Beginning in April 2015, a new Department of Energy (DOE) conservation standard will require any electric storage water heater with a storage volume above 55 gallons to meet the level of efficiency currently achieved by heat pump water heaters. The DOE estimates that the 2015 standards will save 3.3 quads of energy and avoid 172.5 million metric tons of CO2 nation-wide, which is equivalent to taking 33.8 million cars off the road. But it presents a challenge to utility rebate programs based on 2010 standards, so a committee is developing a waiver process. The waivers would allow manufacturers to produce a limited number of electric water heaters with storage volumes greater than 55 gallons, but only for installation through a specific utility’s electric thermal storage program. Each waiver would last for one year, but manufacturers could apply for another in following years. But even if it’s adopted, this process won’t affect the conservation standard itself.

For Minnesota, these policy debates are occurring in a bit of a data vacuum. It’s challenging to verify the energy savings of any of these upgrades, because Minnesotans install water heaters in the basement. Modeling is often inaccurate because basements are poorly represented, and there’s very little field data from cold climates. Despite these constraints, water heating remains a large percentage of our state’s residential energy use. In an effort to provide more information to policy makers, CEE is compiling information about heat pump water heaters, and adapting findings to reflect Minnesota’s climate, water heating systems, and typical usage.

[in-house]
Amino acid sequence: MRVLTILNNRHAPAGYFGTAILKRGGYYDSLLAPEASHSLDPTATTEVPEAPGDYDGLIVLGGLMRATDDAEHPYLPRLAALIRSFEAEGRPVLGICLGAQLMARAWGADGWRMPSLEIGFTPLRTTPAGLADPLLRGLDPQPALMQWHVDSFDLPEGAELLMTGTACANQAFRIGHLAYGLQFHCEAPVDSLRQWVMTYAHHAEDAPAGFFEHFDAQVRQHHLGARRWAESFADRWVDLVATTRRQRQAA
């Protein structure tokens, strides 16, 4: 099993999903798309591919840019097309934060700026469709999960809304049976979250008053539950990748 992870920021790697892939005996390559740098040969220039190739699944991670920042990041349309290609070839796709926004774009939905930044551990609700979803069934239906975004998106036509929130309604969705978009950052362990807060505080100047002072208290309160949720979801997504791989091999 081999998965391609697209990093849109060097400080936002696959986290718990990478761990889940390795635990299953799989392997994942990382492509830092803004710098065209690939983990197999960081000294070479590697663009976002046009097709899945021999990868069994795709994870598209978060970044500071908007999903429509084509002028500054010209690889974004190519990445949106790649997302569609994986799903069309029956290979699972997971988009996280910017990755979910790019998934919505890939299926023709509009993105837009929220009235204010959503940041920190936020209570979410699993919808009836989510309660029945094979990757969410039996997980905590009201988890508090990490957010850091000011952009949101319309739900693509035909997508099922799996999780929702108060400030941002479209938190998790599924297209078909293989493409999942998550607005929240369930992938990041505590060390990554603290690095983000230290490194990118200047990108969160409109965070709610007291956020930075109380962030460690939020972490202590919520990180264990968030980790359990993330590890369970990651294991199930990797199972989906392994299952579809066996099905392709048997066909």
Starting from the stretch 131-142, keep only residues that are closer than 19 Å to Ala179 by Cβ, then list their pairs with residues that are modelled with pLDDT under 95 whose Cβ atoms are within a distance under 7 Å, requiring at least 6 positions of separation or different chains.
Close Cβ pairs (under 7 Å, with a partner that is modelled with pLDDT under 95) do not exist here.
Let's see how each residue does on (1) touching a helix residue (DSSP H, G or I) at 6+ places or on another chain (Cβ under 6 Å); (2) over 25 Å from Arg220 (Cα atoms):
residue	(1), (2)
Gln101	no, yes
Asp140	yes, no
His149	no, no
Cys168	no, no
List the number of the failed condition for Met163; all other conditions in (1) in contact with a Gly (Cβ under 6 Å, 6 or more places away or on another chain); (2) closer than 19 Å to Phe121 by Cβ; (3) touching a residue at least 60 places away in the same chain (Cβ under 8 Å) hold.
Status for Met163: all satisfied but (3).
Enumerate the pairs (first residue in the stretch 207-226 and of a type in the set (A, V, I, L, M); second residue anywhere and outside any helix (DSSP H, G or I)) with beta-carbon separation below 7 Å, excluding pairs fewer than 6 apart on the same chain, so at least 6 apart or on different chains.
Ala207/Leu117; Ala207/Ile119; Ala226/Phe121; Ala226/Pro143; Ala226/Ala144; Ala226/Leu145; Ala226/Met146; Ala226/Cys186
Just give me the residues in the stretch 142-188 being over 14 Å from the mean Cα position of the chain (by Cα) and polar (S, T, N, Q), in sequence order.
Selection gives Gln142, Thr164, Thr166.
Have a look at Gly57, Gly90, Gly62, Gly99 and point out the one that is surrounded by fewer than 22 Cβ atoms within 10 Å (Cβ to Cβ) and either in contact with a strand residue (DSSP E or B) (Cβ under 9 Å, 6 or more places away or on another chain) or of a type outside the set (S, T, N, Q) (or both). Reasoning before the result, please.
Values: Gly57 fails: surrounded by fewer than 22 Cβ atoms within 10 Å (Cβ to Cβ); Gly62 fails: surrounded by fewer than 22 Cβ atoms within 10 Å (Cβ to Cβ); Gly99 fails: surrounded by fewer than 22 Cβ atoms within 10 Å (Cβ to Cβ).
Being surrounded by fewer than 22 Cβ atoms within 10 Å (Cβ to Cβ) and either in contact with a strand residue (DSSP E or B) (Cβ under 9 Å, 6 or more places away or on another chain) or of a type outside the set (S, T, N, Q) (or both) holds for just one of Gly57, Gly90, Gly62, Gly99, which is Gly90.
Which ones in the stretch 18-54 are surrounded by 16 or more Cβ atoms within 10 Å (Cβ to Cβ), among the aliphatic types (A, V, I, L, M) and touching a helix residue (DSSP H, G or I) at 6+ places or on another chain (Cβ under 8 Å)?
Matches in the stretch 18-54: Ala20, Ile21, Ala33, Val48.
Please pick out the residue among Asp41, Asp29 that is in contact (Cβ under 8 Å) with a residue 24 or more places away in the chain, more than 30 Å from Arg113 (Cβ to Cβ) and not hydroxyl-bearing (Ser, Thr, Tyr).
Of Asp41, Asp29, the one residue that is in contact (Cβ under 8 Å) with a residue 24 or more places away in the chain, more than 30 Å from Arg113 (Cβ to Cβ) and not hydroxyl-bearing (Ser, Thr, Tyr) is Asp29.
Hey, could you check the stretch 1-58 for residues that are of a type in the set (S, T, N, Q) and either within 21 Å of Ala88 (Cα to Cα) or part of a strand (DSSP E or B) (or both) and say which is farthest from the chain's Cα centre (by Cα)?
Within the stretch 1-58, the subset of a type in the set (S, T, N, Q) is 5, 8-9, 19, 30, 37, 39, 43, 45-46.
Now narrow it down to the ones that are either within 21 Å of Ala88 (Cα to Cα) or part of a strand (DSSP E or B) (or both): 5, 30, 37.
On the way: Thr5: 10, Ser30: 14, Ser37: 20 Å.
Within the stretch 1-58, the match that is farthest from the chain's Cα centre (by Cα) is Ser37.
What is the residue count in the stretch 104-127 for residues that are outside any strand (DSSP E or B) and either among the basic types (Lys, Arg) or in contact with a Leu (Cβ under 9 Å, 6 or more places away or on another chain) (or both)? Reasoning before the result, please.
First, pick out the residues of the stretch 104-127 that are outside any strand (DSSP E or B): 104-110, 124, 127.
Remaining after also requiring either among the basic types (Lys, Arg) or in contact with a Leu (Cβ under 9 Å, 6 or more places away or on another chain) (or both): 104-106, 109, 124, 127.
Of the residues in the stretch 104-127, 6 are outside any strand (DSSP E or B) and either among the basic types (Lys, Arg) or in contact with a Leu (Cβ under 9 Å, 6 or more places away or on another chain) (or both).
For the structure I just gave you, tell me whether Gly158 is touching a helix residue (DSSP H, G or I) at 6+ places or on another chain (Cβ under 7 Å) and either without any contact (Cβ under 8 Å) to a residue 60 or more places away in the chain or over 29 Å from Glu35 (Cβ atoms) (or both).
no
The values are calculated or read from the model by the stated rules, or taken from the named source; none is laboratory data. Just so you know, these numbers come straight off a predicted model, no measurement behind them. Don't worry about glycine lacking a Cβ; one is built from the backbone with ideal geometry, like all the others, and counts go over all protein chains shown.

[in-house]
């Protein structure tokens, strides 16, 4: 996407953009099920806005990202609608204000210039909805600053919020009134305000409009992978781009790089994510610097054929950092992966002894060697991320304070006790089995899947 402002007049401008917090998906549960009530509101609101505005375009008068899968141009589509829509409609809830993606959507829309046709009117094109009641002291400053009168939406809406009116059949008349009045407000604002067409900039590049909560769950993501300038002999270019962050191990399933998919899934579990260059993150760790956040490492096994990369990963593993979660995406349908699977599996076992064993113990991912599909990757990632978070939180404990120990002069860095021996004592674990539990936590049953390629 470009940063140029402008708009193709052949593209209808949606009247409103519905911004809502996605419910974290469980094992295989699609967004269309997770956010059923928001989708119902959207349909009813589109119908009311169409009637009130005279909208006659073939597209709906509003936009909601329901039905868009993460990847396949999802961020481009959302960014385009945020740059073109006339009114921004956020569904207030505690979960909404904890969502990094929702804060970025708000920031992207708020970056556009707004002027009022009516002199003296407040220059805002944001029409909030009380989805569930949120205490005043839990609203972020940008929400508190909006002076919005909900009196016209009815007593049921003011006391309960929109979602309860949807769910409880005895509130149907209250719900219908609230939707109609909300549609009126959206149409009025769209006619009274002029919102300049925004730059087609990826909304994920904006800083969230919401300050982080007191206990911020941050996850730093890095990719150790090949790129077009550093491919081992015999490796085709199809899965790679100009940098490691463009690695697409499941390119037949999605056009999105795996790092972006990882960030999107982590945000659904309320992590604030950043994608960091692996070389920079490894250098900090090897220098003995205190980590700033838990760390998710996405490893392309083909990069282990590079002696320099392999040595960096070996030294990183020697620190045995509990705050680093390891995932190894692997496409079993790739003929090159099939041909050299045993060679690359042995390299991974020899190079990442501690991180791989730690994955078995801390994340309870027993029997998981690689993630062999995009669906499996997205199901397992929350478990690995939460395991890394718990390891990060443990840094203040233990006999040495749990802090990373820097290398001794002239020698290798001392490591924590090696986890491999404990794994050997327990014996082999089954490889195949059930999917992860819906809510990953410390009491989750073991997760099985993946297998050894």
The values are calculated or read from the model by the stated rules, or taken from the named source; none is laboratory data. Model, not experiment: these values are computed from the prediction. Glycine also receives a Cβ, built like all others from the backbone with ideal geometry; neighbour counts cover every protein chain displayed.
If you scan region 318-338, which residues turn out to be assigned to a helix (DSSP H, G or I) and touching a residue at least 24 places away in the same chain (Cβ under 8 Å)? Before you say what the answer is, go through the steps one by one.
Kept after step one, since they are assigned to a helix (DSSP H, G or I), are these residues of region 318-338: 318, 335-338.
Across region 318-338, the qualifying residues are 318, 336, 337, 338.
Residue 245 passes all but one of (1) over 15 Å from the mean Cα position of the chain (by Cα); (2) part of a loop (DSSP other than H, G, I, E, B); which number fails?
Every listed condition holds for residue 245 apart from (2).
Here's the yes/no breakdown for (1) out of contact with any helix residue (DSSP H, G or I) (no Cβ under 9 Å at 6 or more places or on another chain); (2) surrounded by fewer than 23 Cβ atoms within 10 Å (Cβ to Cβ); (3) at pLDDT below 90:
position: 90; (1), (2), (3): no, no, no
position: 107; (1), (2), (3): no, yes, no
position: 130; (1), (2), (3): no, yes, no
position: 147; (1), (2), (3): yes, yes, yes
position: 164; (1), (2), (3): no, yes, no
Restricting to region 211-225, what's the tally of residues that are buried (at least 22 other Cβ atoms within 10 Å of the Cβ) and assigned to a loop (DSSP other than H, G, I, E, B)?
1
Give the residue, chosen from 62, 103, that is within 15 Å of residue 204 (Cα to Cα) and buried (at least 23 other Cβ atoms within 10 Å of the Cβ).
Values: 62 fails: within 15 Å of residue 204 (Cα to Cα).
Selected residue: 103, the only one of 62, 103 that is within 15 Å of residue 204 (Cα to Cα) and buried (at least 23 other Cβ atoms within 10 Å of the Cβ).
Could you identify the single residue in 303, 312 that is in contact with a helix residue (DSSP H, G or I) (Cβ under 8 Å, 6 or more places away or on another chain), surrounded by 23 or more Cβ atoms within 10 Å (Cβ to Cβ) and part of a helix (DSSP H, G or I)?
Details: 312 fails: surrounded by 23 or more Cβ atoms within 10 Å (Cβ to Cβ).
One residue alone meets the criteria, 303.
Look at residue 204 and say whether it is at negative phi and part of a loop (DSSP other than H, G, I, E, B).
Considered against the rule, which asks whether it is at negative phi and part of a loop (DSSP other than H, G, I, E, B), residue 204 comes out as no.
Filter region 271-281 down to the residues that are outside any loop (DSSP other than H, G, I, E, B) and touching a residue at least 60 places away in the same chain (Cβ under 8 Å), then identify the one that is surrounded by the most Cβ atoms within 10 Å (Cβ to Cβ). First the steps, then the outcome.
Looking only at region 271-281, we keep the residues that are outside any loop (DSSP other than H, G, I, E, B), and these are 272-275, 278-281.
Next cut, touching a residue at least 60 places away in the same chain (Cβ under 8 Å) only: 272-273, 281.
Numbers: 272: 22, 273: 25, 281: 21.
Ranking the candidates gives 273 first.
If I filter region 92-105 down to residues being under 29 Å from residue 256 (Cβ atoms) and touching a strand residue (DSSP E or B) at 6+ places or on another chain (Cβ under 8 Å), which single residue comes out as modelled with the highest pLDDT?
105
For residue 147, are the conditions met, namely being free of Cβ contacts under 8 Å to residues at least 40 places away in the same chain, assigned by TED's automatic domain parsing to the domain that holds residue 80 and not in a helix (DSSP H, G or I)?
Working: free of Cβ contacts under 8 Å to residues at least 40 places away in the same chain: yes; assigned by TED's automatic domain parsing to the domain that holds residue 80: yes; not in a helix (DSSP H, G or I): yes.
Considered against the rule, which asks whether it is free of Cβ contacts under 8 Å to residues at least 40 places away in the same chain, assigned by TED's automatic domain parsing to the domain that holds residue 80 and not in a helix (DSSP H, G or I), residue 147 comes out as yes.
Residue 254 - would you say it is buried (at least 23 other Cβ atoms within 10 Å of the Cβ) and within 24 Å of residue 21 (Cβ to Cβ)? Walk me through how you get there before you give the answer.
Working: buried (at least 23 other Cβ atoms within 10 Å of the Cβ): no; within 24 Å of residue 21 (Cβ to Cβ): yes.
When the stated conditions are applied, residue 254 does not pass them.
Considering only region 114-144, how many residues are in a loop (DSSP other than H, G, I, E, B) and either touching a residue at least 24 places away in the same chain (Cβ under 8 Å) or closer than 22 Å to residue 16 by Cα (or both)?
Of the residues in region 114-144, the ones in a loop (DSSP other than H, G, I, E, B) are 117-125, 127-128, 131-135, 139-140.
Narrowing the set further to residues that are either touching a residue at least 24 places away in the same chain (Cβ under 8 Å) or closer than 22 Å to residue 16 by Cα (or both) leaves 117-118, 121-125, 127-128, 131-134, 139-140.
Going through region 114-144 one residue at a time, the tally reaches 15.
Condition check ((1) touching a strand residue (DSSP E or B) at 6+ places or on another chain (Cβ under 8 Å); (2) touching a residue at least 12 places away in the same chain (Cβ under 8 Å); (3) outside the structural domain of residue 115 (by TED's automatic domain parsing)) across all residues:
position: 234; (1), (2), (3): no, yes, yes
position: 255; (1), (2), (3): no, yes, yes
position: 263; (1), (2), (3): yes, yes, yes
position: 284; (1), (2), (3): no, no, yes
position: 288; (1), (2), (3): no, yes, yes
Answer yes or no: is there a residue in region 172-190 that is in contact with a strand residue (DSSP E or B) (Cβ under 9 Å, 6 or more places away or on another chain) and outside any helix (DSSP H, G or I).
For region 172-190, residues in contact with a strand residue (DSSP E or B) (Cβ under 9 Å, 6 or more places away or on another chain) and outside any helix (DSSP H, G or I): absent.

*This research is supported in part by a grant from the Minnesota Department of Commerce, Division of Energy Resources through the Conservation Applied Research and Development (CARD) program. And with co-funding by CEE in support of its nonprofit mission to advance research, knowledge dissemination, and program design in the field of energy efficiency.

Related posts:

ACEEE Hot Water Forum 
Fall 2013 Research Update 
French Perspective: Thermal Regulation for New Residential Buildings 

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Comment by Curt Kinder on November 12, 2013 at 6:20pm

I don't see why an HPWH could not also shift demand to off peak periods. That feature needn't be unique to storage electric resistance tank heaters

Comment by Bret Curry on November 12, 2013 at 8:39am